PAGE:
Photo Kenneth Garrett
By John Wenzel - The Denver Post
Barry Clifford remembers the yarns his Uncle Bill used to spin at a New England fish shack during his childhood, detailing the swashbuckling adventures and tragic loss of the Whydah — one of the world's most famous pirate ships, which sank spectacularly off the coast of Massachusetts in 1717.
"Every Cape Cod family had their own treasured version of it," said Clifford. "But was it folk story or was it real? And who was going to find it ?"
As it turns out, Clifford did.
Now one of the world's most renowned underwater archaeological explorers, he discovered the Whydah in 1984 after years of painstaking research, technological innovation, and trial and error.
The fruits of that discovery are on display
in the Denver Museum of Nature & Science's "Real Pirates: The Untold Story of the Whydah From Slave Ship to Pirate Ship."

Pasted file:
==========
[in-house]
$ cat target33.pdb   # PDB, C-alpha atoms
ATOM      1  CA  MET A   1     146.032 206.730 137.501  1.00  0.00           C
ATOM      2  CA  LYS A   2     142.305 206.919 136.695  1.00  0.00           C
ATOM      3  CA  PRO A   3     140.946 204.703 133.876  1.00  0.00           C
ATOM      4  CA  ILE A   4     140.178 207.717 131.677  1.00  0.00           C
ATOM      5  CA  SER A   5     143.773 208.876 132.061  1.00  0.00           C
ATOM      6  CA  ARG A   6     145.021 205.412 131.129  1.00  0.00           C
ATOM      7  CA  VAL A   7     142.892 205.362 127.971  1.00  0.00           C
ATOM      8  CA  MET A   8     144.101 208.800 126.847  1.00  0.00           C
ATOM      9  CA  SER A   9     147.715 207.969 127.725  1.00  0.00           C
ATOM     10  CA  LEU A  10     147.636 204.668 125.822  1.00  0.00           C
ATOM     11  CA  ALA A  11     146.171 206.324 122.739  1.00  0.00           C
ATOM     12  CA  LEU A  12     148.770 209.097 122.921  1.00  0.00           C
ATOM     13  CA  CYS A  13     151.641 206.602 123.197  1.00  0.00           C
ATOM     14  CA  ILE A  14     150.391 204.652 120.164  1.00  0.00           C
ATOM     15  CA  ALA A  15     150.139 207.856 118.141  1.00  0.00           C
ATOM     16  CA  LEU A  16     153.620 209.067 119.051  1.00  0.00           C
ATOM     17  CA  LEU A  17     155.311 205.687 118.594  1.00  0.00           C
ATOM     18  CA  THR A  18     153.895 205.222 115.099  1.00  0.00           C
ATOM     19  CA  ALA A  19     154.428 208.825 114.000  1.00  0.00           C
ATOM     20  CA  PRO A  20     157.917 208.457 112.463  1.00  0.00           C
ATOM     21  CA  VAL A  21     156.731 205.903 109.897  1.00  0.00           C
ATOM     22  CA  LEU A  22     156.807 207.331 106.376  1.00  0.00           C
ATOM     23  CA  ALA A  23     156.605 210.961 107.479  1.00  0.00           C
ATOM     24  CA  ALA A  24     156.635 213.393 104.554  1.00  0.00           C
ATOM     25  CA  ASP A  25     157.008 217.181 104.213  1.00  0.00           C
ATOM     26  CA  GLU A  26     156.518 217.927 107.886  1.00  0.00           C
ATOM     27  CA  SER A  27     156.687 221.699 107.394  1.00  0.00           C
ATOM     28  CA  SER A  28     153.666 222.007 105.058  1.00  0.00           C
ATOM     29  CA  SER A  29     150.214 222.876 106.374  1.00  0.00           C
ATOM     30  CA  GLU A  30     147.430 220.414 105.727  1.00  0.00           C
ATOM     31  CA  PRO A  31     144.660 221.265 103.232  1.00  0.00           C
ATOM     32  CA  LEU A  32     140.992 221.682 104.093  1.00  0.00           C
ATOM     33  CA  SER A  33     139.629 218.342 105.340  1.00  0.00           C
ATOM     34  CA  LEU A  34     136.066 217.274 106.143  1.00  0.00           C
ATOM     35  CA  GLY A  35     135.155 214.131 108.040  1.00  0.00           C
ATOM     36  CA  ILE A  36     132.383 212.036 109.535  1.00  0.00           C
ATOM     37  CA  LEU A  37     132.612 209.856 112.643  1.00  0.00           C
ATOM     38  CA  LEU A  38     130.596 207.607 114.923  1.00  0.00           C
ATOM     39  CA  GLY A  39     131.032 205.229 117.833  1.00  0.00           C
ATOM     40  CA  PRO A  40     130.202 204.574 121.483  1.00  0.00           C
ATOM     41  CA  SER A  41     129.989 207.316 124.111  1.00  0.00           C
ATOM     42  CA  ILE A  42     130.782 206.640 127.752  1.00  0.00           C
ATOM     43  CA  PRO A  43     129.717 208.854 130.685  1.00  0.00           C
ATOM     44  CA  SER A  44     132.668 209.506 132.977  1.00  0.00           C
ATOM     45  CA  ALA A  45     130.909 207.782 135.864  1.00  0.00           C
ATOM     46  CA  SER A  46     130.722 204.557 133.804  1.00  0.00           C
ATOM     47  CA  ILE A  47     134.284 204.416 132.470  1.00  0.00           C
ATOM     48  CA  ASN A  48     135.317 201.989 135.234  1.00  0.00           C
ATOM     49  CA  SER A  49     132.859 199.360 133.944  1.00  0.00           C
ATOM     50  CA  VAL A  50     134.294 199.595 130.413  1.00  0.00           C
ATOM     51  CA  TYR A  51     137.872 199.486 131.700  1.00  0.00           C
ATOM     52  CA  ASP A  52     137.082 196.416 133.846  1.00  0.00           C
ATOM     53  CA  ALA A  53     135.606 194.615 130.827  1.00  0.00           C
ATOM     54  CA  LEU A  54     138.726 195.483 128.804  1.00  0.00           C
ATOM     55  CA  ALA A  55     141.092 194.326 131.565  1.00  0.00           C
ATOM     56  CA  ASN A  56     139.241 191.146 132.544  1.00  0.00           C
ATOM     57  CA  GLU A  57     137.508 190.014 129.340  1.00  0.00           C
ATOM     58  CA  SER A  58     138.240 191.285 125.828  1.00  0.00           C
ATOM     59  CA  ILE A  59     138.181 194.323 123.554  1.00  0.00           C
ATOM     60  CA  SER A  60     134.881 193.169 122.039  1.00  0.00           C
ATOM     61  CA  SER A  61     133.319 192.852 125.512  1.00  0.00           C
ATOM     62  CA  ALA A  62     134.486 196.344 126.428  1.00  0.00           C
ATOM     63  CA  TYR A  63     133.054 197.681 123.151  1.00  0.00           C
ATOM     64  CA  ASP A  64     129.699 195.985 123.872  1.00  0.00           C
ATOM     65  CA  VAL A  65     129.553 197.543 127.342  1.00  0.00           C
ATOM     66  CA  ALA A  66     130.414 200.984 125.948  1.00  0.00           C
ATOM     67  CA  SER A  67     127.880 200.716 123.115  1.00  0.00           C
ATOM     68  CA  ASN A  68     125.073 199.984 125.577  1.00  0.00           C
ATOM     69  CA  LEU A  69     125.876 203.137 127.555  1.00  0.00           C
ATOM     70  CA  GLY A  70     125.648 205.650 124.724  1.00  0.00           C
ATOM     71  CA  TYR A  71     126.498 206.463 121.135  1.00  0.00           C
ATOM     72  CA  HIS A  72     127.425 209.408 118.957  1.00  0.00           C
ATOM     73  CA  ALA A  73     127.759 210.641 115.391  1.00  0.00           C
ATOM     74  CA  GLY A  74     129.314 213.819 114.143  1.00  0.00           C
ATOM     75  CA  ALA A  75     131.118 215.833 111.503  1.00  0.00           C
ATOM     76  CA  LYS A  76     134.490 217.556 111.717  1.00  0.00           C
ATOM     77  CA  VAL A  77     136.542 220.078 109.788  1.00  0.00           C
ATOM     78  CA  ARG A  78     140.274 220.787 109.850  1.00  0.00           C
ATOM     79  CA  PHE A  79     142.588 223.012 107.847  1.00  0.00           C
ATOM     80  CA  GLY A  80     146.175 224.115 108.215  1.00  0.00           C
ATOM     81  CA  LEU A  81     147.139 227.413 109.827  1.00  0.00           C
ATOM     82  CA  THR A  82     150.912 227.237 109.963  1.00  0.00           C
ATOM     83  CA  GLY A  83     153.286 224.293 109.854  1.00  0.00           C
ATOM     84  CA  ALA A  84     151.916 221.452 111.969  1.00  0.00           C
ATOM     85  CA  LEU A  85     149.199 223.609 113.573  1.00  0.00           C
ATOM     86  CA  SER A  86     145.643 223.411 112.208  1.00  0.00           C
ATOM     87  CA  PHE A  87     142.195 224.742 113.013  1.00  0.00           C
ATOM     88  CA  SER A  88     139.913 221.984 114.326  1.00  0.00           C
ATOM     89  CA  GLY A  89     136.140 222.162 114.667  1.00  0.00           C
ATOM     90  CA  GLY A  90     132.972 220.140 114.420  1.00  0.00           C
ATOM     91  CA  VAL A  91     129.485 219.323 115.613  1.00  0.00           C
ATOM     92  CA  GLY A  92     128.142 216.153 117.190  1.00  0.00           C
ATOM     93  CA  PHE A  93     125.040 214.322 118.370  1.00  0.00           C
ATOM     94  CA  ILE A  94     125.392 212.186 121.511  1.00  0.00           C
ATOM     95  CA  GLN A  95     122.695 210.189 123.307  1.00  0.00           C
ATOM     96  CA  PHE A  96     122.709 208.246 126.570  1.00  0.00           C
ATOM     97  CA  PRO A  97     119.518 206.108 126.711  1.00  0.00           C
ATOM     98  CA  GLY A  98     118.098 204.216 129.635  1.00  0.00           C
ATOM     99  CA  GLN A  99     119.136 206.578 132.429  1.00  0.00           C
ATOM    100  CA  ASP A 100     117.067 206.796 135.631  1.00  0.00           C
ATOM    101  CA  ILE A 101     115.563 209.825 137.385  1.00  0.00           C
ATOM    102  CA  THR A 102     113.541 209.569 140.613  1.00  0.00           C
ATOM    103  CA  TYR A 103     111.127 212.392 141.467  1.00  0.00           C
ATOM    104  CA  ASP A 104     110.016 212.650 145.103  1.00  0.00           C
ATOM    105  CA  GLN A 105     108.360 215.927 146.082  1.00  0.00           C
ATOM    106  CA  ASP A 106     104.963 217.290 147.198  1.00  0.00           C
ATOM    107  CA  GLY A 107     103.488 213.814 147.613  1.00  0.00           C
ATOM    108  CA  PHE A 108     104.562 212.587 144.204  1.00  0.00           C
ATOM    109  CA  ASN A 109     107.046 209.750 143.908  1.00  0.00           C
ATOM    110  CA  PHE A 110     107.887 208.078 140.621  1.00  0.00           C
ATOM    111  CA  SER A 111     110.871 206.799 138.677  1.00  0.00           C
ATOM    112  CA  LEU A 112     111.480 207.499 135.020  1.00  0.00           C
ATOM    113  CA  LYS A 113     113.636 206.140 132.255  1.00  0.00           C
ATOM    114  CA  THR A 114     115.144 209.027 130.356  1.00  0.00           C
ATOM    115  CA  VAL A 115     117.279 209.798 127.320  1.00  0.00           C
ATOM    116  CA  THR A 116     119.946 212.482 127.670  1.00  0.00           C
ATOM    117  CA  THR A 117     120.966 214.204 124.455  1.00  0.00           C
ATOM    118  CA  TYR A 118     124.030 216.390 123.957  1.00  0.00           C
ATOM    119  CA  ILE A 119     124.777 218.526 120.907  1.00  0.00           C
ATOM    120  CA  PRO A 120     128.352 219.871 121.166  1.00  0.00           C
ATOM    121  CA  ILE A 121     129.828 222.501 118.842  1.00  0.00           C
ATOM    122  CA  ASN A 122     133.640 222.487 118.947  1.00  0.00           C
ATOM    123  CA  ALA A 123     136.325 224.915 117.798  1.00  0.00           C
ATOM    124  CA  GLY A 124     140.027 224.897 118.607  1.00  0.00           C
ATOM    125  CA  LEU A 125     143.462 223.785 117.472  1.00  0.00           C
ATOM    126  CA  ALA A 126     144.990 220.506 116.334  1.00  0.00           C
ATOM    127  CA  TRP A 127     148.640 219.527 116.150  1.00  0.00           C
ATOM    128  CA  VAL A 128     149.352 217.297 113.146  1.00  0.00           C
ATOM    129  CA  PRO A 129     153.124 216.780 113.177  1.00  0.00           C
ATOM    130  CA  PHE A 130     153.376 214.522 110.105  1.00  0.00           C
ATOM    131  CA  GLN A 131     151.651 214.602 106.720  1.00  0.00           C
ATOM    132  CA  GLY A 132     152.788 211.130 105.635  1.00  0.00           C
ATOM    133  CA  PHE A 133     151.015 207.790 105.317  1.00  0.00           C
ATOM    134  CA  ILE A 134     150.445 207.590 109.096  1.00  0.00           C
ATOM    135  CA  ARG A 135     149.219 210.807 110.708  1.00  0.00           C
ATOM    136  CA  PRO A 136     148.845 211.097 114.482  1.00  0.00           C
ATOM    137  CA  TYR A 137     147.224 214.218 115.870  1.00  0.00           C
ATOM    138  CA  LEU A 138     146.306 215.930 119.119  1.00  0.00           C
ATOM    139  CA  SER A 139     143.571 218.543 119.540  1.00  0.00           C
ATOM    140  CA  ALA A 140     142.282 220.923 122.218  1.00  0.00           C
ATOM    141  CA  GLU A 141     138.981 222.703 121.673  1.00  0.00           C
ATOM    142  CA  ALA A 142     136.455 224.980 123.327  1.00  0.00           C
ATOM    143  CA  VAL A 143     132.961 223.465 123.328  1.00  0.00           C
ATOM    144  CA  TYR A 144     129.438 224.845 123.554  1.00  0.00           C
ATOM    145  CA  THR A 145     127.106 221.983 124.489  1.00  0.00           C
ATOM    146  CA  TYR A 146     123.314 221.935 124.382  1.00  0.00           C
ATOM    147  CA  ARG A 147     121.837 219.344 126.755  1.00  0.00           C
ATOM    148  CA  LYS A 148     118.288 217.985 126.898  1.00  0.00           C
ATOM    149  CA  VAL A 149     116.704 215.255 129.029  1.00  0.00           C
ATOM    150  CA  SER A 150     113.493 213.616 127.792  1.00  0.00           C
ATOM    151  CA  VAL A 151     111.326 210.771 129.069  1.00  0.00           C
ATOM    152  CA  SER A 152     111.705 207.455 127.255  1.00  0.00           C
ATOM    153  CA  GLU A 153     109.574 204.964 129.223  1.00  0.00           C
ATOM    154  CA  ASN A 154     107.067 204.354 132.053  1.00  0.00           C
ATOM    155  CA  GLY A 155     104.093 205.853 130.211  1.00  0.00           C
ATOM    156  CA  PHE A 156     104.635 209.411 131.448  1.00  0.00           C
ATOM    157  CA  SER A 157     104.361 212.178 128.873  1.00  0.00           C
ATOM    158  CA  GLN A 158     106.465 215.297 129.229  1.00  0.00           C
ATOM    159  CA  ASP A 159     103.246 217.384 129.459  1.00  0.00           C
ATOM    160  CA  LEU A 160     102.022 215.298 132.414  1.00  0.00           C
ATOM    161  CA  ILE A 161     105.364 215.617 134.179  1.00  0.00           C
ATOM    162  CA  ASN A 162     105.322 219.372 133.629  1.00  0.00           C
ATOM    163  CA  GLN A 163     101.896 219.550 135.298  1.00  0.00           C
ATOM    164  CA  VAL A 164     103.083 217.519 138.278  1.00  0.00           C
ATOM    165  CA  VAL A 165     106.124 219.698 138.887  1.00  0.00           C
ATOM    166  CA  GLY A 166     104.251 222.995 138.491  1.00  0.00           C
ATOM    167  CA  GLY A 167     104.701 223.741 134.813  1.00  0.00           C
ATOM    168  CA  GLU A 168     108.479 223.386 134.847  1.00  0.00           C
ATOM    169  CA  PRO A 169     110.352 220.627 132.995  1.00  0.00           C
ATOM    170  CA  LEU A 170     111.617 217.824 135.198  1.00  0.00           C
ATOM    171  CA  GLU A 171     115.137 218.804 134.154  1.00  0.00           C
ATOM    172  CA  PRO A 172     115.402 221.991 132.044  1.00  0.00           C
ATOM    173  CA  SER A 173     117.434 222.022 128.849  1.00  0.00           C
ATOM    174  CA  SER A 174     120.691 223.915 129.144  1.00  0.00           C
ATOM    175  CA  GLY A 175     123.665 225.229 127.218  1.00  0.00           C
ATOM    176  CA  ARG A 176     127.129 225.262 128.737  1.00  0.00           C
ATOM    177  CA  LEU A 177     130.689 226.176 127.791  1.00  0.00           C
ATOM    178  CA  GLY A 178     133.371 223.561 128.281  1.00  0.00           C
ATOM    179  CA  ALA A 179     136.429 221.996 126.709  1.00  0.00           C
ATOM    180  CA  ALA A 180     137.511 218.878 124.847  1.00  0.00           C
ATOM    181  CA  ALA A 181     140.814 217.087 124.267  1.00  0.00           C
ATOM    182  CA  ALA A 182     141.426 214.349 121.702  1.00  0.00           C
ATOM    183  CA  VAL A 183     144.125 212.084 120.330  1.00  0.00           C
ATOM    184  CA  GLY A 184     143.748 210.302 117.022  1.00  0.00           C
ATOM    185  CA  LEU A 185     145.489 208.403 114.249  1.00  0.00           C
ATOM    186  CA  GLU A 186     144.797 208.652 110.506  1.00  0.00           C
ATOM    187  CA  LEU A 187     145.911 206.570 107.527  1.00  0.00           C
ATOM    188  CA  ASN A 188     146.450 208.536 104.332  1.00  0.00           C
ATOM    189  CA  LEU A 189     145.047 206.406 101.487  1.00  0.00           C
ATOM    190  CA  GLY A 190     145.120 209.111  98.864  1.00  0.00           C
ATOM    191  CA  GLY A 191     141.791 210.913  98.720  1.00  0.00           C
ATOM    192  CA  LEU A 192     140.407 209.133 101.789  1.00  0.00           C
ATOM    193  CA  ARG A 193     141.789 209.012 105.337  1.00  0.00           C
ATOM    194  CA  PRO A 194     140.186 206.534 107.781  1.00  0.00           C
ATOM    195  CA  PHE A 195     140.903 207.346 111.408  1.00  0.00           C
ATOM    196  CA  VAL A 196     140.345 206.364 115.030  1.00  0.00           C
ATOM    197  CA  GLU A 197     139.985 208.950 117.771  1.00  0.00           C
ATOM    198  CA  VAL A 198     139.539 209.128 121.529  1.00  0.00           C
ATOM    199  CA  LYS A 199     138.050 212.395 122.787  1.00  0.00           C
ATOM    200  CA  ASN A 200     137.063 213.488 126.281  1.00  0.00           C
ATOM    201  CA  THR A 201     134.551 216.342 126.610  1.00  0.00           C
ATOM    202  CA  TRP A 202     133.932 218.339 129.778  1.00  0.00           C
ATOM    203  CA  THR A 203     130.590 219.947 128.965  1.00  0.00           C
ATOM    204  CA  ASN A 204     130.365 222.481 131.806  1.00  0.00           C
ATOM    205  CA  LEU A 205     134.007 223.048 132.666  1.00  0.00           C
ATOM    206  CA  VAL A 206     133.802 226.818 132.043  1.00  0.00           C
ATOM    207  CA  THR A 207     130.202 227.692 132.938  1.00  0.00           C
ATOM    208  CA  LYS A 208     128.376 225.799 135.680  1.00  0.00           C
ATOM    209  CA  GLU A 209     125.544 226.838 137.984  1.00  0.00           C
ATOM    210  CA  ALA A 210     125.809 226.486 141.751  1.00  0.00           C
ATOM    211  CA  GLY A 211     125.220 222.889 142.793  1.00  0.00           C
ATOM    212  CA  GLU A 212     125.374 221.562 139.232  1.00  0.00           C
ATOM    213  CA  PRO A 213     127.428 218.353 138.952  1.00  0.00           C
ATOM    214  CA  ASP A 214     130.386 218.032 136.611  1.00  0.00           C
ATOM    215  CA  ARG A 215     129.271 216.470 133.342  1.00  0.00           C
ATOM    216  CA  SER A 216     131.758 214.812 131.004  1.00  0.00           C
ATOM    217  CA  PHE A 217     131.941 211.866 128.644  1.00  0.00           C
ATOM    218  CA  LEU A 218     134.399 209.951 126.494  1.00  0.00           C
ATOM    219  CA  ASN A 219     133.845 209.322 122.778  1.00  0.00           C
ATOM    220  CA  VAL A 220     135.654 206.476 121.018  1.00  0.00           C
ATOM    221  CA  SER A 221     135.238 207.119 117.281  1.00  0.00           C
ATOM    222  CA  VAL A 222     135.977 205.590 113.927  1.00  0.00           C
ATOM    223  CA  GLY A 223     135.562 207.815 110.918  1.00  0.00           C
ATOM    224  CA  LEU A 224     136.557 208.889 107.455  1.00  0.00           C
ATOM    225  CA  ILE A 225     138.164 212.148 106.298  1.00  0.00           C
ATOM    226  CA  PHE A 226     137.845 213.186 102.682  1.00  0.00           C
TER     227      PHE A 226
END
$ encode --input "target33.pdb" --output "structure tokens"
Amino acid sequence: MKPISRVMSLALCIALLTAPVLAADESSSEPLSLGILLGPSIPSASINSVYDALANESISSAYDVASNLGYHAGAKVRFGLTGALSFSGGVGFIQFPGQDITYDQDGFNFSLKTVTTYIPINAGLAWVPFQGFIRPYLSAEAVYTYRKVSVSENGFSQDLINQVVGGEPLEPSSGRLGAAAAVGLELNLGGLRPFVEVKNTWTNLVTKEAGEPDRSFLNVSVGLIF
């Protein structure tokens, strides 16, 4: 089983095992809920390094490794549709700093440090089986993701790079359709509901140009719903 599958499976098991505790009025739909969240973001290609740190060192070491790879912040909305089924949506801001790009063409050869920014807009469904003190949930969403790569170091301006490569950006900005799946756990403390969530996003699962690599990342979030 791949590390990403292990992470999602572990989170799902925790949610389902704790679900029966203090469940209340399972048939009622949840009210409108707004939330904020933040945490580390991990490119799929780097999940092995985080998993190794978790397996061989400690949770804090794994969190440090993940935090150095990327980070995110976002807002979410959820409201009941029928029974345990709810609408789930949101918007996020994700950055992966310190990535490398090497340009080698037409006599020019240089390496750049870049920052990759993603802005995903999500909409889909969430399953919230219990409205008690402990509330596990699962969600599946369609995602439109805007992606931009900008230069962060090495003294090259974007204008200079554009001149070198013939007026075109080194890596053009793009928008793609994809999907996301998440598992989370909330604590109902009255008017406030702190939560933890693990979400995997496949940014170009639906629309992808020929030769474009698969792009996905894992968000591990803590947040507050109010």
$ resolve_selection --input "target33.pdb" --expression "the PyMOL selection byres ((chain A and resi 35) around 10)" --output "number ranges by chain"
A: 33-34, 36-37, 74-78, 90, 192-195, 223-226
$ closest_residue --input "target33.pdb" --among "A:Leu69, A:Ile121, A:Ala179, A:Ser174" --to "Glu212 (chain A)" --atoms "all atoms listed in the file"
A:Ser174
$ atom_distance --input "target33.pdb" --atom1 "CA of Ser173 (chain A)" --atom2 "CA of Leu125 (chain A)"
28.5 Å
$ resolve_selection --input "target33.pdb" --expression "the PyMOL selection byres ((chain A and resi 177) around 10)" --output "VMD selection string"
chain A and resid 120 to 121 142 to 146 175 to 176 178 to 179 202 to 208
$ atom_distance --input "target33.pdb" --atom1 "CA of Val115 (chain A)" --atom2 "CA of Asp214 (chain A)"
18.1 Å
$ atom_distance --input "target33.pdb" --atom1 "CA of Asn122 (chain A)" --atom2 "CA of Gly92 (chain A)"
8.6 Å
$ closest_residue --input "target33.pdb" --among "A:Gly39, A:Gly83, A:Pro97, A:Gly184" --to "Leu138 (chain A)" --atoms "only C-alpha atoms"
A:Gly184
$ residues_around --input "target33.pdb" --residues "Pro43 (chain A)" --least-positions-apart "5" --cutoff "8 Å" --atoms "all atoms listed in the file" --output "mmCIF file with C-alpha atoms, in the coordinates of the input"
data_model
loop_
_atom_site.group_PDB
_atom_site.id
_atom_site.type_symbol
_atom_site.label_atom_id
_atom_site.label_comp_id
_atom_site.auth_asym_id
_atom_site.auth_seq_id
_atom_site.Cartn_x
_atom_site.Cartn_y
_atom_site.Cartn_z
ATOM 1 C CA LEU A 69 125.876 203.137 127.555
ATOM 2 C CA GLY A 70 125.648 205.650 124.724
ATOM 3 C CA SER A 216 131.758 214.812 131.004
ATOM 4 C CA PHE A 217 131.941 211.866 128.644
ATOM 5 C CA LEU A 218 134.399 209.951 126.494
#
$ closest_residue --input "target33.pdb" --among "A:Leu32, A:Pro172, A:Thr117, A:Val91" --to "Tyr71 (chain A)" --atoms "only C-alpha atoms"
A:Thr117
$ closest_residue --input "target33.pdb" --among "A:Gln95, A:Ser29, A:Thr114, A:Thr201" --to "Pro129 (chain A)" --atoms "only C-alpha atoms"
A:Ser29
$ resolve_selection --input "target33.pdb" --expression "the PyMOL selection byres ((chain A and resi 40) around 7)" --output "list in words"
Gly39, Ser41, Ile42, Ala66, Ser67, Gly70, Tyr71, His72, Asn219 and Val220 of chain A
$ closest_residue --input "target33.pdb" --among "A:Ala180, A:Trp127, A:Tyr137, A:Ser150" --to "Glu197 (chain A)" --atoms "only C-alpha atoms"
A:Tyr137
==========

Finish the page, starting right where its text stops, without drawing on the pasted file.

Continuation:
The National Geographic-backed exhibit, which runs today through Aug. 21, offers a unique glimpse into a lifestyle and culture that continues to fascinate — and terrify — into the 21st century.
"Real Pirates" is more than an embalmed chunk of history or a gritty curiosity. The Whydah find is unprecedented in its richness, continuing to yield tens of thousands of priceless, often one-of-a-kind artifacts (gold and silver coins, weapons, surgical instruments, clothing) nearly three decades after its initial discovery — and nearly three centuries after it sank into the Atlantic off Cape Cod.
It's also the first fully authenticated pirate ship discovered in U.S. waters and, according to Clifford, the only real pirate treasure on display anywhere in the world.
"All of the shipwrecks you've heard about in the Caribbean are Spanish galleons," Clifford said. "They're like big Brinks trucks, going back to Europe with freshly minted coins that were being robbed from the indigenous peoples of the Americas."
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